Background: In the SafeBoosC-III trial, treatment guided by cerebral oximetry monitoring for the first 72 hours after birth did not reduce the incidence of death or severe brain injury in extremely preterm infants at 36 weeks’ postmenstrual age, as compared with usual care. Despite an association between severe brain injury diagnosed in the neonatal period and later neurodevelopmental disability, this relationship is not always strong. The objective of the SafeBoosC-III follow-up study is to assess mortality, neurodevelopmental disability, or any harm in trial participants at 2 years of corrected age. One important challenge is the lack of funding for local costs for a trial-specific assessment. Methods: Of the 1601 infants randomised in the SafeBoosC-III trial, 1276 infants were alive at 36 weeks’ postmenstrual age and will potentially be available for the 2-year follow-up. Inclusion criteria will be enrollment in a neonatal intensive care unit taking part in the follow-up study and parental consent if required by local regulations. We aim to collect data from routine follow-up programmes between the ages of 18 and 30 months of corrected age. If no routine follow-up has been conducted, we will collect informal assessments from other health care records from the age of at least 12 months. A local co-investigator blinded to group allocation will classify outcomes based on these records. We will supplement this with parental questionnaires including the Parent Report of Children’s Abilities—Revised. There will be two co-primary outcomes: the composite of death or moderate or severe neurodevelopmental disability and mean Bayley-III/IV cognitive score. We will use a 3-tier model for prioritisation, based on the quality of data. This approach has been chosen to minimise loss to follow-up assuming that little data is better than no data at all. Discussion: Follow-up at the age of 2 years is important for intervention trials in the newborn period as only time can show real benefits and harms later in childhood. To decrease the risk of generalisation and data-driven biased conclusions, we present a detailed description of the methodology for the SafeBoosC-III follow-up study. As funding is limited, a pragmatic approach is necessary. Trial registration: ClinicalTrials.gov NCT05134116 . Registered on 24 November 2021.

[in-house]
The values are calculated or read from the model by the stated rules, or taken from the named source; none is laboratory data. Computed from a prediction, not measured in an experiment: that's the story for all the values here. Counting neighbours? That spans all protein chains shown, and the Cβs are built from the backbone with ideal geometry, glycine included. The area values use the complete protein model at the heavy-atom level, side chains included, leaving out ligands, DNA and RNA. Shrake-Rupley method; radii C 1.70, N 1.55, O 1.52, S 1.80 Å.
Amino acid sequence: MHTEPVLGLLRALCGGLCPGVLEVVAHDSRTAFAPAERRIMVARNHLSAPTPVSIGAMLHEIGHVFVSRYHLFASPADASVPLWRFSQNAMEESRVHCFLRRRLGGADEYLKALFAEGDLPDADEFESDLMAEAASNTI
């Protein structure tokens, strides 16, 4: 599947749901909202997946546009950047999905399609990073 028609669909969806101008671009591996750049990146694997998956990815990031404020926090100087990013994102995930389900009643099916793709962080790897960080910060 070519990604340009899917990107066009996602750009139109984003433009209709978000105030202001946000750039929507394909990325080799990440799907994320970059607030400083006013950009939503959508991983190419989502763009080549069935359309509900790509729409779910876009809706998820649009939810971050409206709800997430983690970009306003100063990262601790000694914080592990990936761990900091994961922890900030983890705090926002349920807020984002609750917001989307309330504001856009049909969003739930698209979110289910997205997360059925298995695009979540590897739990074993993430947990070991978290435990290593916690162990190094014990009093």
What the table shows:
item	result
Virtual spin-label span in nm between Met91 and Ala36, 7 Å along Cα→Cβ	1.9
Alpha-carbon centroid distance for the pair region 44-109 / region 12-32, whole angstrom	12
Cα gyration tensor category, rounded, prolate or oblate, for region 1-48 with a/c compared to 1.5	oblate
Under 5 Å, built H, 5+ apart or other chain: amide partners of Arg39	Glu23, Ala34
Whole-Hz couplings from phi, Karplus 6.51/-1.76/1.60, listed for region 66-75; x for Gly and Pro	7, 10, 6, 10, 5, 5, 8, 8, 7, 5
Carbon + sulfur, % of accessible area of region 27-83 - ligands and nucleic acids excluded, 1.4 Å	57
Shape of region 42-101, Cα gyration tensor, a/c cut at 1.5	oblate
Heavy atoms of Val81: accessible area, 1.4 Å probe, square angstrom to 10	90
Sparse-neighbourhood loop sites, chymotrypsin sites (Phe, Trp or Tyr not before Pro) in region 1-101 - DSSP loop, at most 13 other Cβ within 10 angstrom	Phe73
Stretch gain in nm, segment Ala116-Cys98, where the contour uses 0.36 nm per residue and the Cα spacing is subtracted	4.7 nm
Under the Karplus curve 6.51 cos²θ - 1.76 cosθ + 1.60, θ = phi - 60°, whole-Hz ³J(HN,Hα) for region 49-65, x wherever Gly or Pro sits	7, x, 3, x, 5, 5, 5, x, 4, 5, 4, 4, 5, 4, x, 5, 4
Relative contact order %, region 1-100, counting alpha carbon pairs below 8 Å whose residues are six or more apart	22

Bibliografisk noteFunding Information:
Open access funding provided by Royal Library, Copenhagen University Library The sponsor is a regional public health trust in Denmark, and its representative has been the coordinator of the SafeBoosCproject since its inception in 2009. The sponsor representative and coordinating investigator, Professor of Neonatology Gorm Greisen, is the initiator of the SafeBoosC-III project. He has no financial interest in the results of the trial, nor in the NIRS-devices. The Elsass Foundation, Aage and Johanne Louis-Hansen Foundation, and Svend Andersen Foundation supported the SafeBoosC-III trial through unconditional and unrestricted grants of DKK 3,300,000, DKK 1,000,000, and DKK 1,000,000, respectively. These funding sources had no role in the design of this study and will not have any role during its execution, analysis, interpretation of the data, or decision to submit results. We will seek additional local and central funding. Such sources will not have any influence on the methodology, data, analysis, reporting, or conclusions of the study. Furthermore, any participating department can seek local/national support from all sources, as long such sources will not have any influence on the study.
SafeBoosC-III is led by a Steering Committee comprising the coordinating investigator, the national coordinators, and two representatives from the Copenhagen Trial Unit. The same steering committee will serve for the SafeBoosC-III follow-up study. Decisions will be by a simple majority. The Steering Committee will meet every 6 months or more if necessary. Otherwise, decisions can be made by email. Day-to-day management of the study will be done by the study manager. The sponsor played no part in the study design, collection, management, analysis and interpretation of data, writing of the report, and the decision to submit the report for publication. There was no patient or public involvement in the design of this protocol. The European Foundation for the care of Newborn Infants (EFCNI) was part of an EU application for funding of the SafeBoosC-III trial, but as this failed, and no other funding for their participation could be obtained, they decided to withdraw from the consortium.
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